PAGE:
Memoirs of a Doctor in Small Town Newfoundland

A surgeon reminisces about his time serving the community in beautiful Newfoundland and Labrador.

From 1957 to 1964, I was a medical officer and general surgeon at the Grenfell Mission Hospital in St. Anthony, Newfoundland and Labrador. While there, I made numerous medical trips by sled dogs and snowmobile along the southern Labrador coast from Forteau to Red Bay. I preferred riding with the dog teams because it was a time of quiet reflection compared to the noise and cold winds on a snowmobile. An added plus to travelling with the sled dogs was that they don’t have mechanical breakdowns!

Stops were made at various small communities along the stretch of the coast, including the Point Amour Lighthouse. I always called on Jeff Wyatt, the keeper of the lighthouse, not only to check up on his health but to chat over a cuppa tea at his home. Among the many tales he’d relay to me, there was a time when the British naval vessel, the HMS Raleigh, ran aground at the Point in 1922. Jeff helped salvage the vessel and he brought home many artifacts from the ship.

A steep climb to the top of the lighthouse gives a spectacular panoramic view of the historic L’Anse Amour and Forteau Bay. During one visit, I turned to take in a final view of the lighthouse and snapped a photo with the sun behind the dome. Now hanging on a wall at my home, this photo serves as a reminder of wonderful times from the past.

In St. Anthony, there were clinic boats that were left on a dry dock during the winter. The Colonel Leonard was a vessel we used for local coastal medical calls where there were no roads. There was also a larger vessel named Maraval that was equipped with X-ray and medical supplies and equipment. It was used not only along the northern peninsula of Newfoundland but also on the Labrador coast for medical care and TB surveillance.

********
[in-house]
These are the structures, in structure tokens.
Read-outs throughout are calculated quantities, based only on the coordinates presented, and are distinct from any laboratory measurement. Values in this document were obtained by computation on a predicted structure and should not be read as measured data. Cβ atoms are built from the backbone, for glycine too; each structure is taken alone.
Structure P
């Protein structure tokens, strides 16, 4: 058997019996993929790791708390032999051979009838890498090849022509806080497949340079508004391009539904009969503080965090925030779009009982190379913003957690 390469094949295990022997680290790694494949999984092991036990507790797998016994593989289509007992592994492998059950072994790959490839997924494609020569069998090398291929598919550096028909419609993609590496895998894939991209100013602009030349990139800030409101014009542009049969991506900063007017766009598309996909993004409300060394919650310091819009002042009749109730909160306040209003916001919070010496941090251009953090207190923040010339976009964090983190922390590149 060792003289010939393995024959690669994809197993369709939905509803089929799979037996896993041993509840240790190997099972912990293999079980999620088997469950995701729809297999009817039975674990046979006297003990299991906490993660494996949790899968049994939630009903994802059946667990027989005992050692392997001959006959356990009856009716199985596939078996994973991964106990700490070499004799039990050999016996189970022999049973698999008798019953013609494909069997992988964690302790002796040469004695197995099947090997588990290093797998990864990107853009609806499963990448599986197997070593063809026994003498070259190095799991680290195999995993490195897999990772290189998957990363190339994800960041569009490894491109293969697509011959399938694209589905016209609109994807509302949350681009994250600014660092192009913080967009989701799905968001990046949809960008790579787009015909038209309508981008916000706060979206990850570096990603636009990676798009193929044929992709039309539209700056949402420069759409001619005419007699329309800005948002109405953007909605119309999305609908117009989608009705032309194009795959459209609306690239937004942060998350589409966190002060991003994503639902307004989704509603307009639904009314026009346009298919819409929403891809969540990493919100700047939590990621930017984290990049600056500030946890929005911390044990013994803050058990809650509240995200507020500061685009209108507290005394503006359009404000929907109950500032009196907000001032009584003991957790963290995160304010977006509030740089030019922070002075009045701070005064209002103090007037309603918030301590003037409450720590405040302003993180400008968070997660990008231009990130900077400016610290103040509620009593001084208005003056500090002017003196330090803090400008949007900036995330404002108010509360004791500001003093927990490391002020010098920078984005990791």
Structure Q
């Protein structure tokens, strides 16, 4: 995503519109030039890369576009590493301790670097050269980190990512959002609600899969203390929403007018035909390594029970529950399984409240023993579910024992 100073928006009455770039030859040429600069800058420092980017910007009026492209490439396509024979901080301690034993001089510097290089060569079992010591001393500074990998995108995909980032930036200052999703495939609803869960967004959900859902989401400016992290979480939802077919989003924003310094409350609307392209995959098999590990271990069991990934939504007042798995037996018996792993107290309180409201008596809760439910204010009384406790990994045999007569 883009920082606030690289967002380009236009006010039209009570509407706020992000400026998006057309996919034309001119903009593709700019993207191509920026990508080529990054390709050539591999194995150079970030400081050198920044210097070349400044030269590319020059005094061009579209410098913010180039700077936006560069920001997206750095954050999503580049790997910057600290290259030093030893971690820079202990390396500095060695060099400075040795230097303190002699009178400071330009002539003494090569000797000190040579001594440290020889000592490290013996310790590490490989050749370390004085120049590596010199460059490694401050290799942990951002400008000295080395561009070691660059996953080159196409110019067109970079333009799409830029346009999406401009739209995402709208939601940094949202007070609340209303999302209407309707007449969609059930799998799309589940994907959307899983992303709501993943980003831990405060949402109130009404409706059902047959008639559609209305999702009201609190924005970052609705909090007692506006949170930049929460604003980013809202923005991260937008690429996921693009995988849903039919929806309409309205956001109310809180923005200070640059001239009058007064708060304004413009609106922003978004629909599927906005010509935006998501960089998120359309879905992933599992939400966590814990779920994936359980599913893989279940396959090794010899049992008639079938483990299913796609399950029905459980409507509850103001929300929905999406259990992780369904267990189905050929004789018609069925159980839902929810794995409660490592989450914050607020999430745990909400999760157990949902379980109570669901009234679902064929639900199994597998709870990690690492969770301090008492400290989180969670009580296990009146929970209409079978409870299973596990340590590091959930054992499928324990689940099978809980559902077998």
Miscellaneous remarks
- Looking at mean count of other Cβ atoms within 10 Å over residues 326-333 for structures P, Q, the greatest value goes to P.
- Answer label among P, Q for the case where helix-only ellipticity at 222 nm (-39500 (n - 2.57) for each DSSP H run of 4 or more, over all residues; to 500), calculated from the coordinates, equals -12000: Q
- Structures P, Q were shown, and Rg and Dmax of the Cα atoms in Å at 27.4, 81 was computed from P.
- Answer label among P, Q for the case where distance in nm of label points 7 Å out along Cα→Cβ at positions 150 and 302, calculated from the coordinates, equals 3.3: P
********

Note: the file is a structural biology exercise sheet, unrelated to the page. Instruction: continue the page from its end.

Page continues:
The surgical cases I encountered during my time in the operation rooms at St. Anthony’s ranged from the simple and mundane to the most unusually complicated emergencies. Our surgical team was experienced, well organized and our efforts brought gratifying results.

Accompanying me on my coastal visits to the communities was a nurse stationed at Forteau. She knew who the most critically ill patients were that I needed to visit first. Eventually, a clinic was set up where all the folks who wanted to see the doctor could go.

A lot of people would come to the clinic in need of a tooth repair or asking for an extraction, as there was no corrective dentistry during those times. I got tutored by the resident dentist at the St. Anthony Hospital, who taught me which forceps to use and how to give local anaesthetic injections.

The dental chair I used during those visits was actually a kitchen chair placed at the corner of the room by a window, with a coal oil lamp used as a light source. A pillow behind the head rest served as support. Those needing further medical care or evaluation were sent by the Mission aircraft back to St. Anthony.

Decades later, I’m still reminded of how welcoming the people of Newfoundland and Labrador are. This quality of theirs is known by all who come to visit or live there. The hospitality shown by the people of Gander after the grounding of aircraft during the 9/11 tragedies is just one wonderful example of the compassion and friendliness found in the province.

My wife Erma and I made our last trip back to “The Rock” in 1998. I should add that Erma and I met in St. Anthony while she was a school teacher at the Grenfell Elementary School. During our last visit, we visited the homes of old friends and of some of my former patients. We were greeted with open arms, and shed tears at our departure.

Next, read the heartwarming story of how one woman in Petty Harbour is bringing Newfoundlanders back to their fishing roots.

Originally Published in Our Canada